7th course: Char-grilled Sea Perch - the fish had a coating of crispy fried (or popped?) rice, topped with a mound of fluffy grated chestnut and finished with a grilled matsutake mushroom. This was another excellent dish, a treat for all the senses: visually appealing, soft tender flesh contrasted with the crispy coating, and wonderful flavours.

8th course: Meat of the Day with Iwate Wagyu, Shiitake and Figs. The wagyu was cooked rare and every bit as fatty and tasty as wagyu ought to be, served with a relish of onion and chestnuts. A cube of sweet marinated persimmon, nut-coated fried shiitake and a juicy fig segment were creative accompaniments to the beef, and so delicious that I wish there were more of them. Dare I say that I enjoyed these accompaniments more than the wagyu itself? They were that good.

9th course: Seasonal Rice with Miso Soup and RyuGin Pickles. The grilled anago (seawater eel) was perhaps the best I've had, and the yuzu-seasoned rice that the anago laid upon was quite refreshing. The pickles were gorgeously presented in a nori wrap.

Hubby had an additional optional Special Rice course because he still had room in his belly for more food (I was well and truly full at this stage!). This course was a small portion of seasoned rice with fish and ikura (salmon roe). I didn't have a taste of this, but hubby said it was pretty good.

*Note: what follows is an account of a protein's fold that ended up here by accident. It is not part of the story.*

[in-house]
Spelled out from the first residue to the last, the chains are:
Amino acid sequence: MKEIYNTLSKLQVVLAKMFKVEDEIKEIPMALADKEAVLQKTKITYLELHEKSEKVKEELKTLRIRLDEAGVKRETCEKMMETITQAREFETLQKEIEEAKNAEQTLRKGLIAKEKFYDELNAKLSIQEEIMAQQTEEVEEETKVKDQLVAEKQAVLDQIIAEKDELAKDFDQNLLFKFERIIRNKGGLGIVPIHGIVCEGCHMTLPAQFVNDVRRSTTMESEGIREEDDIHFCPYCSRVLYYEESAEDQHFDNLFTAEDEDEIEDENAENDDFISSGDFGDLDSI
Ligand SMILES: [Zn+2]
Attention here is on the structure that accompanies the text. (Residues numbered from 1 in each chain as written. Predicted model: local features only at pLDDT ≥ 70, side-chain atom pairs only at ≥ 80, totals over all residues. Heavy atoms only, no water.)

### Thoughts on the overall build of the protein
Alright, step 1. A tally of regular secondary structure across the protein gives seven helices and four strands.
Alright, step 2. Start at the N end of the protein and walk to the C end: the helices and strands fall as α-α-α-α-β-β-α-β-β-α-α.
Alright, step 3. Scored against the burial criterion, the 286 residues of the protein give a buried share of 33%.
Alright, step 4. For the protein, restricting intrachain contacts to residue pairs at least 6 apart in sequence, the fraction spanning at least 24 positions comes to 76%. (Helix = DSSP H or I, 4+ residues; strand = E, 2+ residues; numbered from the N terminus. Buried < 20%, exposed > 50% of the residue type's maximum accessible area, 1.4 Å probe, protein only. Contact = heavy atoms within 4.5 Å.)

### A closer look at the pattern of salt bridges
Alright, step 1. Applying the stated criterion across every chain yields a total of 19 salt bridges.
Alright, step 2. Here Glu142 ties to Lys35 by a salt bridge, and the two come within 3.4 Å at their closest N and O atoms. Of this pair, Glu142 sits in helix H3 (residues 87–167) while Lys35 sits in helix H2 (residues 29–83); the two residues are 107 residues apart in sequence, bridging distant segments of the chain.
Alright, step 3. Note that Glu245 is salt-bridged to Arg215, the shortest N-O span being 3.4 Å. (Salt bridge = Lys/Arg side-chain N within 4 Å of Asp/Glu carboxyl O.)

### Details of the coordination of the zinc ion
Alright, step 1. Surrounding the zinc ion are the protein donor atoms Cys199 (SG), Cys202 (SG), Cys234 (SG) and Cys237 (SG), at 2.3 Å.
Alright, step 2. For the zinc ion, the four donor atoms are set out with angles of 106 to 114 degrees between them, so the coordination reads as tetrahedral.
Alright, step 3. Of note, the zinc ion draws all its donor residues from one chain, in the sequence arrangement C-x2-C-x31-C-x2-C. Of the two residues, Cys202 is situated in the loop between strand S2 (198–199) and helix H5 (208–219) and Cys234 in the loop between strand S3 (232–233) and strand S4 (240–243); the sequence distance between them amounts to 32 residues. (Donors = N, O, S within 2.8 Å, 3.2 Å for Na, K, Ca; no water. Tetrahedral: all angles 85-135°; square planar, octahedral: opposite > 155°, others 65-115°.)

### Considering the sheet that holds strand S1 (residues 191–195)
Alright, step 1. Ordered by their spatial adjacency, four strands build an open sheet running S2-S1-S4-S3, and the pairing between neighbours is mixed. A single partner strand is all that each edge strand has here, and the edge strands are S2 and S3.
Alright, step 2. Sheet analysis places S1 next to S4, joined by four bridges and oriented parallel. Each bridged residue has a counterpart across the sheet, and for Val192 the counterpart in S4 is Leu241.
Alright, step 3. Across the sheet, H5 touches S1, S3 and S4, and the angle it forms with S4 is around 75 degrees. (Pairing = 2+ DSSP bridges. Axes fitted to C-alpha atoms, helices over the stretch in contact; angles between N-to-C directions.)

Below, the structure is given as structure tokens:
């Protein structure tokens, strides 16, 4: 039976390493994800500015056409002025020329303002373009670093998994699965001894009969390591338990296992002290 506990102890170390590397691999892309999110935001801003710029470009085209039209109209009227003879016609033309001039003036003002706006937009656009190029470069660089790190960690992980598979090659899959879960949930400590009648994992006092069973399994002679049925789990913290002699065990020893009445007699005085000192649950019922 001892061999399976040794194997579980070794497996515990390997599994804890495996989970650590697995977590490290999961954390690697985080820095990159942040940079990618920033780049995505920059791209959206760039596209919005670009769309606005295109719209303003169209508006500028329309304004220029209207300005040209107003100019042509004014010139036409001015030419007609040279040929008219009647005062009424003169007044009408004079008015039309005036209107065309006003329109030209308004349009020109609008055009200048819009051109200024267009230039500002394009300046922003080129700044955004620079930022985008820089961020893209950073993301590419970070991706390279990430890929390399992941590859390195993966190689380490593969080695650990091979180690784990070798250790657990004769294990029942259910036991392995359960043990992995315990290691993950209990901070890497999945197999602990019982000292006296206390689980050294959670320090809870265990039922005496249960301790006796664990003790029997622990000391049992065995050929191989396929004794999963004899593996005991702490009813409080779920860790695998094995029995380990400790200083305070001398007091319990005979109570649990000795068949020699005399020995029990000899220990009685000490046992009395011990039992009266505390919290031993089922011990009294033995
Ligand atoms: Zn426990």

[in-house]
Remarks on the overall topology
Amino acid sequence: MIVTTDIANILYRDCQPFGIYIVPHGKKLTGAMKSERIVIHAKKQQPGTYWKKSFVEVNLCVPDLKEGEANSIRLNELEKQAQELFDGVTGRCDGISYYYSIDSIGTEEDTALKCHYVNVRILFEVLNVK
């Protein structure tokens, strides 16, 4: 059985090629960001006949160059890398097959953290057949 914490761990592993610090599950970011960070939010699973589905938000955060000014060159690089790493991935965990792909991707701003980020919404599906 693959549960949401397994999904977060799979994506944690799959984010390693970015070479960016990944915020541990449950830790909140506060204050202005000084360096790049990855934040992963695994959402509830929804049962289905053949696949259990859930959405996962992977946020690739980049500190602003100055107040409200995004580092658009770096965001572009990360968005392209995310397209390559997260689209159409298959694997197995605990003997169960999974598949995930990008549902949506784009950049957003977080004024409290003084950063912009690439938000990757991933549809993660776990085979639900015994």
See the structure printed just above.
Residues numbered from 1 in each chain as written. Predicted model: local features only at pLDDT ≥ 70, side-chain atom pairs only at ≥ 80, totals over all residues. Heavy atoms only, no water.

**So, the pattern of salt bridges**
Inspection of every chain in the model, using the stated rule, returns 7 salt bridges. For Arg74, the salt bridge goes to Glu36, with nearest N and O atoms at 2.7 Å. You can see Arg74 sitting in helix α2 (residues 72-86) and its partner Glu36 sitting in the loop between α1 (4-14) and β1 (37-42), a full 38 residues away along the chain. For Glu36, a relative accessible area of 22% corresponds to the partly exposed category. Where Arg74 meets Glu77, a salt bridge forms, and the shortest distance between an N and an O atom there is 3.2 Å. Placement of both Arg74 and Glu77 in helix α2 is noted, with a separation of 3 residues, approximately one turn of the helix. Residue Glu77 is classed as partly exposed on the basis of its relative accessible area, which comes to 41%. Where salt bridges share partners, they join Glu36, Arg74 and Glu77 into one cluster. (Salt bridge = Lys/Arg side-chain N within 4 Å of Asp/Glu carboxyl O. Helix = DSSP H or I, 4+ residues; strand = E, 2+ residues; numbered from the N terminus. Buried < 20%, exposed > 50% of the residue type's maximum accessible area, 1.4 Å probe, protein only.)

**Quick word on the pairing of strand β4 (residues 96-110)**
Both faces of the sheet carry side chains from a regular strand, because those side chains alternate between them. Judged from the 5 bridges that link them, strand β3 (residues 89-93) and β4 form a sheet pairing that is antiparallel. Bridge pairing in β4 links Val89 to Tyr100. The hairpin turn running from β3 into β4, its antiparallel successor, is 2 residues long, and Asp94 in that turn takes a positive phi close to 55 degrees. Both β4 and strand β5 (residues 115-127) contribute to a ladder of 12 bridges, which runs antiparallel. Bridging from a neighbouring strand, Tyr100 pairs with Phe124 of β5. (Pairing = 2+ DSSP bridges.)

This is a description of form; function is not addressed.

10th course: First Dessert of Orange and Fragrant Olive Sorbet - I love the colour, and if bright could have a flavour, this sorbet would describe it. Excellent palate cleanser.

11th course: Second Dessert of Warabimochi with Coconut, Kinako and Genmaicha Flavours. The warabimochi was prepared like a mousse, and each little cube would burst in the mouth, releasing an explosion of intense flavour on the tongue. All three were good, but our favourite was the kinako (roasted soybean).

12th course: Third Dessert of Baked Chestnut Cake with 2 Types of Cream (Chestnut and Sweet Potato with Lemon). One word: divine.

To finish, we enjoyed a bowl of perfectly prepared Matcha. I love anything matcha-flavoured, so drinking the real thing is always a nice treat.

I really enjoyed this birthday dinner, and I left with a very full and happy belly. It's our second real dinner date (i.e. without baby) since our boy was born more than a year ago, and our last dinner date was more than 6 months ago! We both love our son very much, but it felt good to enjoy each other's company on an actual date.